What: West Virginia man, who was convicted of sex abuse of two minors, appeals the verdict, saying jurors in his case should not have been hunting for an alleged victim's MySpace.com profile.
When: Supreme Court of Appeals of West Virginia rules on November 21.
Outcome: Defendant's conviction is reversed, and a new trial is granted.
What happened, according to court documents:
Danny Cecil was convicted last year of abusing two teenage girls and sentenced to up to 40 years in prison. Now he's free.
The story starts in mid-2005, when a 13-year-old girl referred to as KJ, a friend of Cecil's daughter, spent the night. KJ said Cecil woke her up while she was sleeping by fondling her and then left the room when she rolled over. KJ's mother alerted the police.
Another girl, referred to as SD, subsequently came forward and reported a similar experience.
A jury returned a verdict of guilty on three of the four counts of felony sexual abuse. Cecil was sentenced to 10 to 20 years on one count, with a consecutive term of 10 to 20 years on another.
What makes this case relevant to Police Blotter is that at least two jurors had been perusing MySpace.com. (Compare this with afrom earlier this month about a juror who blogged during the trial.)
During the trial, the two jurors ended up looking for the home page of KJ, one of the alleged victims, whose mother had testified that she was withdrawn and not interested in older males.
The fact that KJ had a MySpace profile had come up during testimony. KJ had posted a comment on her page saying "remember my face because I'm going to be famous someday" and, according to the defense, used the account to communicate with older boys.
It's a little unclear exactly what these two jurors saw, especially since KJ's Web site was apparently restricted or removed before the trial began. In addition, the court indicated that the two jurors-turned-investigators weren't able to find anything relevant.
What the appeals court also found troubling is that a third unnamed juror, an employee of the state Department of Health and Human Resources, claimed that the jury should lend more credence to the girls' testimony than the defendant's.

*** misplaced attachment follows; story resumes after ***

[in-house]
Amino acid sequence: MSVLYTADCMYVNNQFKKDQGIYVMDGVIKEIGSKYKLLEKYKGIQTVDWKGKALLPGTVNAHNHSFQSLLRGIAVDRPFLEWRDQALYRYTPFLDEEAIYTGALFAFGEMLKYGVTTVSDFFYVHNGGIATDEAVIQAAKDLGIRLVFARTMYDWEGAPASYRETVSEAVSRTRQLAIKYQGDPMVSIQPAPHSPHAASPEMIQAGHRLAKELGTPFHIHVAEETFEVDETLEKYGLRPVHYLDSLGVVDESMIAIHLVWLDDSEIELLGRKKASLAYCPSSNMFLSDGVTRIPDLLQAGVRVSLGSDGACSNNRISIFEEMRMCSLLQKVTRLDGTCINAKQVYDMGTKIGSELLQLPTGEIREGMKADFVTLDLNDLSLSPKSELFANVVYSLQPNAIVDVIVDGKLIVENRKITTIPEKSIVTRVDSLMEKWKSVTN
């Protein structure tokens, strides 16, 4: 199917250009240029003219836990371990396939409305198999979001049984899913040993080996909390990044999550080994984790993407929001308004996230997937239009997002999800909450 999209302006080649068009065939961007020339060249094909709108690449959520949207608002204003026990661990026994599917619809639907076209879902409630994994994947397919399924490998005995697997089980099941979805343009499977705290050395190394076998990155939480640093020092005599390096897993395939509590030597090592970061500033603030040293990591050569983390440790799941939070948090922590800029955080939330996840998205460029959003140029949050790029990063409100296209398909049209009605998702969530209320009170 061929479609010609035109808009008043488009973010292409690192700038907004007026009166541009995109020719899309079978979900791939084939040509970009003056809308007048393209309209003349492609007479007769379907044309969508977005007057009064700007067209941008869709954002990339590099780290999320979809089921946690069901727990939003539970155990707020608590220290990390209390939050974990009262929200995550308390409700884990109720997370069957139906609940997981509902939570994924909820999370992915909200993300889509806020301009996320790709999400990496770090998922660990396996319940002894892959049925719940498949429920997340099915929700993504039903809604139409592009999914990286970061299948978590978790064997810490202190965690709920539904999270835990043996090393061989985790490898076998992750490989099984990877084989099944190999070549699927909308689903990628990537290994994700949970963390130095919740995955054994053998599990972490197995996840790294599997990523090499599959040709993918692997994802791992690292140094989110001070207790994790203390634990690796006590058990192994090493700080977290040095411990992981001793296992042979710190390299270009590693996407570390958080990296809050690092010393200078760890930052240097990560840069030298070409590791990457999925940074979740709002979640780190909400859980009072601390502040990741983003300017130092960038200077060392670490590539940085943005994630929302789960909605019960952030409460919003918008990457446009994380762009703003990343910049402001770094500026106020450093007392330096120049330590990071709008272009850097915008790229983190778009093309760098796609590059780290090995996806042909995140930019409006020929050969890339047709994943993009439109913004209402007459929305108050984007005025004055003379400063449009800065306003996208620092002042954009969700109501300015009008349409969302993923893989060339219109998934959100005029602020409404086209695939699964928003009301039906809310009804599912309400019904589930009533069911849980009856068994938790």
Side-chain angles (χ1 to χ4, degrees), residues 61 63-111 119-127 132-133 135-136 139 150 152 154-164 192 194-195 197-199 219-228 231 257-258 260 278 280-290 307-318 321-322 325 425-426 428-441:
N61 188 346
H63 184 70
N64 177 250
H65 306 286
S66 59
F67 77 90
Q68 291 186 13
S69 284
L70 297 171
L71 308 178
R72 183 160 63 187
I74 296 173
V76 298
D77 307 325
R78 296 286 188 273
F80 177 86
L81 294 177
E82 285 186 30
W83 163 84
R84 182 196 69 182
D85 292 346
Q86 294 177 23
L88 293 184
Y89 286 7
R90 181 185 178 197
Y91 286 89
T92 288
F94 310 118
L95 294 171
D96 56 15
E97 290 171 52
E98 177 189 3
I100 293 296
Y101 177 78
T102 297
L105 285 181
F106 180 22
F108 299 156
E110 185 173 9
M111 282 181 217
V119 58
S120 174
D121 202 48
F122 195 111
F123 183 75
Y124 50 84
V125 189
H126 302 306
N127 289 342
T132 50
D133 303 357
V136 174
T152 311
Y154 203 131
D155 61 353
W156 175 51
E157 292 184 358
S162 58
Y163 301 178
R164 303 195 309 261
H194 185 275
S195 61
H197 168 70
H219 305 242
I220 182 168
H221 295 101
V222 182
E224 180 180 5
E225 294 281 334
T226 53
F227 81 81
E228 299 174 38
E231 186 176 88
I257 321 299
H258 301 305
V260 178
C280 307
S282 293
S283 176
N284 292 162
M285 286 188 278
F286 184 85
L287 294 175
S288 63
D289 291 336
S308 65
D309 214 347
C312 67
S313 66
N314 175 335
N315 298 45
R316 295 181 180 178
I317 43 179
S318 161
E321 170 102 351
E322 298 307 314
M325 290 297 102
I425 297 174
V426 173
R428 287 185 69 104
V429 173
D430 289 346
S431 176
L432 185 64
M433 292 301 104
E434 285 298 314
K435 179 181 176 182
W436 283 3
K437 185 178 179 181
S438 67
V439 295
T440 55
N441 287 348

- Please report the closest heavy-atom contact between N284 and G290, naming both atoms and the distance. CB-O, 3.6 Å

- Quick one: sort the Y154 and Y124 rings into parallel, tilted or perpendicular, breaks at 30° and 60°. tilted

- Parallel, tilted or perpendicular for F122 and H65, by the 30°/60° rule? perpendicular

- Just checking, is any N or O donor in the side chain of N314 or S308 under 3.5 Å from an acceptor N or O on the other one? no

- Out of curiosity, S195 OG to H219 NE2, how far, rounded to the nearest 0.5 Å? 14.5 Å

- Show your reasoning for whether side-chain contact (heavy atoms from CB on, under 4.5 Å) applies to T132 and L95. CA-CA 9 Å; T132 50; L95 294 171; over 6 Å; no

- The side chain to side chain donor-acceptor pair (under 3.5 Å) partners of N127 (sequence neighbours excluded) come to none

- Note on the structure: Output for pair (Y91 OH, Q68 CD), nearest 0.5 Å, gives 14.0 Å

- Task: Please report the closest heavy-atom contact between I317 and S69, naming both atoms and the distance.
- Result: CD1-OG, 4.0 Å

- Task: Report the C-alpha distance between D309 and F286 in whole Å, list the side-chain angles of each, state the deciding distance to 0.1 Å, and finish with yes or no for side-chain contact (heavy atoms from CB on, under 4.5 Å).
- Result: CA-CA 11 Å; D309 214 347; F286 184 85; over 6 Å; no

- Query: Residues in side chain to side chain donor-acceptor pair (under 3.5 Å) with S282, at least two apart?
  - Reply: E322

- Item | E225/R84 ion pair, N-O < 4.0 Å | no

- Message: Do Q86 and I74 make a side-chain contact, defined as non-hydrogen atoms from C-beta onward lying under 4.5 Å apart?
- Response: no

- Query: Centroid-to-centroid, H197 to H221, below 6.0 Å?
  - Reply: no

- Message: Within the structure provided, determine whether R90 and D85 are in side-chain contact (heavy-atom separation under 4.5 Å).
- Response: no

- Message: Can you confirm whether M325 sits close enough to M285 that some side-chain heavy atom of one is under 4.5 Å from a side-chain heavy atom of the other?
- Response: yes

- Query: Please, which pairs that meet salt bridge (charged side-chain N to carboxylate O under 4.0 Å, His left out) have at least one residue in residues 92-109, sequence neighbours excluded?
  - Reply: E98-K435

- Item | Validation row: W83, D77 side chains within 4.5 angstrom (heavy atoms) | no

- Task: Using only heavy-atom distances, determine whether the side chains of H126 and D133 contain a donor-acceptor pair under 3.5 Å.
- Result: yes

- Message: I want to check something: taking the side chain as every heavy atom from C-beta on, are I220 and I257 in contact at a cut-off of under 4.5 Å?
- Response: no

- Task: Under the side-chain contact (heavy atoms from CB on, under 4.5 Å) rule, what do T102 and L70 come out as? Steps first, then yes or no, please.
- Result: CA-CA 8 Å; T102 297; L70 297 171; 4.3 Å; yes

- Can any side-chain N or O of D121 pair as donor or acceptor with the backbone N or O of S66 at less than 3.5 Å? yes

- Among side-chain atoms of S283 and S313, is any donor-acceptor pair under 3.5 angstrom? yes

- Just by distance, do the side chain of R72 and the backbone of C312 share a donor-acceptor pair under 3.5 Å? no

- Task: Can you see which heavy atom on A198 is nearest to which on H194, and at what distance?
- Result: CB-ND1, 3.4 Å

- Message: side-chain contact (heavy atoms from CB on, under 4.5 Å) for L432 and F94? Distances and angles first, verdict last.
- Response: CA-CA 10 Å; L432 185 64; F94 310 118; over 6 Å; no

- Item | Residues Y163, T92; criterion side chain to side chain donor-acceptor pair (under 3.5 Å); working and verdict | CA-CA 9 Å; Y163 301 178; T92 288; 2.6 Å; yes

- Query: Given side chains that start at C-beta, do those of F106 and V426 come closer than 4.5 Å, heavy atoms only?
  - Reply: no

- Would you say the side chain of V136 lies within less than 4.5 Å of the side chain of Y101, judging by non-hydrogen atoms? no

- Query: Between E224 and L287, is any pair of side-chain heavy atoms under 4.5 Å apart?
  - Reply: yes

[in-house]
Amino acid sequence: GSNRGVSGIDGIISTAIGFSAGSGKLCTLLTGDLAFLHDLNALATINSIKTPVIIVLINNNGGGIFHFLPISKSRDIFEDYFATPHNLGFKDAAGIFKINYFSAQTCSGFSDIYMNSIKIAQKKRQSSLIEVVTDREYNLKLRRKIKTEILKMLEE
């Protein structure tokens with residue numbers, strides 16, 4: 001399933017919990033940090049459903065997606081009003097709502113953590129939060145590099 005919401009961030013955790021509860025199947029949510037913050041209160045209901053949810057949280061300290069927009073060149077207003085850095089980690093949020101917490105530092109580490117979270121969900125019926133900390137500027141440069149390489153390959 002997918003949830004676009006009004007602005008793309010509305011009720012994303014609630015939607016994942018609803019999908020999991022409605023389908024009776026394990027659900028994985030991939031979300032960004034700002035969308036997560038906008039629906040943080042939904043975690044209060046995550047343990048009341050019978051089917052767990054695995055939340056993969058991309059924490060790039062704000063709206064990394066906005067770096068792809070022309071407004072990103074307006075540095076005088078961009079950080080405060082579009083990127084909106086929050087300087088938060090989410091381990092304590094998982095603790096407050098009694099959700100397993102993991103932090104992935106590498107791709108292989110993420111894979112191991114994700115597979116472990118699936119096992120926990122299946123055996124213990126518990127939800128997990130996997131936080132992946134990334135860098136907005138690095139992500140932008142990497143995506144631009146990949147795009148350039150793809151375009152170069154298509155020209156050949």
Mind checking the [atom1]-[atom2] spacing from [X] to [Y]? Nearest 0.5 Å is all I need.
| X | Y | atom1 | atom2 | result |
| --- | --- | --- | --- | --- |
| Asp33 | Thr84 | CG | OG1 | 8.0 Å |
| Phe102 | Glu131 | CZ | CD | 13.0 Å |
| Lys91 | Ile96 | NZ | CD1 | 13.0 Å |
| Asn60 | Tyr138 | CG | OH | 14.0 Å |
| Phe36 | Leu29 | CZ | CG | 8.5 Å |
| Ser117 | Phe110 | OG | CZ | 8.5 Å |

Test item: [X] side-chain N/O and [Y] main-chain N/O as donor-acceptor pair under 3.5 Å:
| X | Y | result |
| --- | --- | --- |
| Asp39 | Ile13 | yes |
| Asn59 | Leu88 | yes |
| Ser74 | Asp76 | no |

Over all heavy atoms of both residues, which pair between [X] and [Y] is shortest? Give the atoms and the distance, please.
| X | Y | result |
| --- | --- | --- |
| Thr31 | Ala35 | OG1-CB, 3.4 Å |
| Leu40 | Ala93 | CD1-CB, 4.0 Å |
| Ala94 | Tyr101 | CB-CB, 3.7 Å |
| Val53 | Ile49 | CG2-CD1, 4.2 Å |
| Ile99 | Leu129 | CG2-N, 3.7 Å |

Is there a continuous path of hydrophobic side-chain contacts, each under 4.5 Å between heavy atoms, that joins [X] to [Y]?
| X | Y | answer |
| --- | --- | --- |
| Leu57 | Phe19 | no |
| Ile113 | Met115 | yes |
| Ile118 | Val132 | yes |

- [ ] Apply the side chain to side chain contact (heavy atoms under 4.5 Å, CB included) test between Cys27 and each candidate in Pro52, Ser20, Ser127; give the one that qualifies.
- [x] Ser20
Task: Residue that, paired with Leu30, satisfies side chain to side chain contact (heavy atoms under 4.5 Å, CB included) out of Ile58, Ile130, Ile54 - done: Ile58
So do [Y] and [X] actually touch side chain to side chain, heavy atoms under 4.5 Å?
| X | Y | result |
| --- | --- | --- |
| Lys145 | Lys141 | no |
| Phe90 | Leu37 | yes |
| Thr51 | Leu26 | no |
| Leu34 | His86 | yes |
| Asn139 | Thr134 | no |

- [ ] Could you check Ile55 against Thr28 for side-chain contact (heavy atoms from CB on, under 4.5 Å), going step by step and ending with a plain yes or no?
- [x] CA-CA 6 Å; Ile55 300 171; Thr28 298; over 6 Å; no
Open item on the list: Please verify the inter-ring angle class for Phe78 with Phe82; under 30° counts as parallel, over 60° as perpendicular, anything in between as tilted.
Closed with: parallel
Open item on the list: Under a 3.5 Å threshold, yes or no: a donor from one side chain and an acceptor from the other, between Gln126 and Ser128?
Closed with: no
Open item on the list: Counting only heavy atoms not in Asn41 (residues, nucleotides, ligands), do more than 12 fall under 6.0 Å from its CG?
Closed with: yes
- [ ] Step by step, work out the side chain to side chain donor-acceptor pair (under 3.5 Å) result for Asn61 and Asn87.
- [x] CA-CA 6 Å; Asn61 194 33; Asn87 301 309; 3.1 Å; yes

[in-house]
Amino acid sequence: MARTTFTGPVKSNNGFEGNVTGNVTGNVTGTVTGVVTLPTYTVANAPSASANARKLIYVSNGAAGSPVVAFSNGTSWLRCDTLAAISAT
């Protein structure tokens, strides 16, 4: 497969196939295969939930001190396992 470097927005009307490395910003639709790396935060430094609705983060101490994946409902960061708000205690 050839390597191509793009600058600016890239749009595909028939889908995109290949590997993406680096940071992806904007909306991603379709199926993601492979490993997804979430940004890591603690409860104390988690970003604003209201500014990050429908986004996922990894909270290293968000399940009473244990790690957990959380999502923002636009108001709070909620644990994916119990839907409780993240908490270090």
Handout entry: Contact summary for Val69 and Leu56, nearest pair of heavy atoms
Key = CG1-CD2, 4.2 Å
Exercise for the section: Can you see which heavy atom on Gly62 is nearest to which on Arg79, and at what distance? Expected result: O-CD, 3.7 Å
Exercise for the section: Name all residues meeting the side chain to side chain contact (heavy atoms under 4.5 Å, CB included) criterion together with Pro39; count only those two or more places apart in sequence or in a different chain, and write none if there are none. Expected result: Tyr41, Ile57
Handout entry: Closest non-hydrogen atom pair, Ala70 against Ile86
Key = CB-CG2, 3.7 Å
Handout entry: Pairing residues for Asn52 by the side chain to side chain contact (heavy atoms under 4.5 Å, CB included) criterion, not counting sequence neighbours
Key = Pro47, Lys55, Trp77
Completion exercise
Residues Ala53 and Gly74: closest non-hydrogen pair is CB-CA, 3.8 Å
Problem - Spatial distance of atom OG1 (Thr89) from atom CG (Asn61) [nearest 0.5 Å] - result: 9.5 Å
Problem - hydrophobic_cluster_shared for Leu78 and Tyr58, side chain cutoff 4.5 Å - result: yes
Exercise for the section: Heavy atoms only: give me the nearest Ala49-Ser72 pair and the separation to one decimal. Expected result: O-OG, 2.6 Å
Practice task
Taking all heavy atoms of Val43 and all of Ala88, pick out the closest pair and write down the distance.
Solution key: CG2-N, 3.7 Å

Saying it had "no choice" but to throw out Cecil's conviction, the appeals court granted him a new trial that will likely take place in the spring. Until then, he's free on bond and living just a few houses away from one of the girls he's accused of molesting.
Excerpts from the Supreme Court of Appeals of West Virginia's opinion:
We do not take lightly our responsibility in reviewing a verdict that is returned by a jury, one of whose members may have either prematurely reached a decision based on information not presented during the trial, or introduced into the jury room extrinsic information upon which other jurors may have based their decision. Any challenge to the lack of the impartiality of a jury assaults the very heart of due process.
This court has held that, "Where the record of a criminal trial shows that the cumulative effect of numerous errors committed during the trial prevented the defendant from receiving a fair trial, his conviction should be set aside, even though any one of such errors standing alone would be harmless error." Having carefully reviewed the record, we conclude that the cumulative effect of each of the instances of juror misconduct discussed above made it impossible for the appellant to receive a fair trial.
We are mindful that the independent investigation conducted by two of the jurors did not bear fruit, which arguably lessens the prejudicial effect, but notwithstanding that fact, the mere fact that members of a jury in a serious felony case conducted any extrajudicial investigation on their own is gross juror misconduct which simply cannot be permitted. Without meaningful censure, failure to properly punish such behavior would encourage or allow its repetition. Given the independent investigation by these jurors and the fact that another juror advised that the alleged victims' testimony should be given more weight than that of the appellant contrary to the judge's instructions and our law, we have no choice but to vacate the appellant's convictions.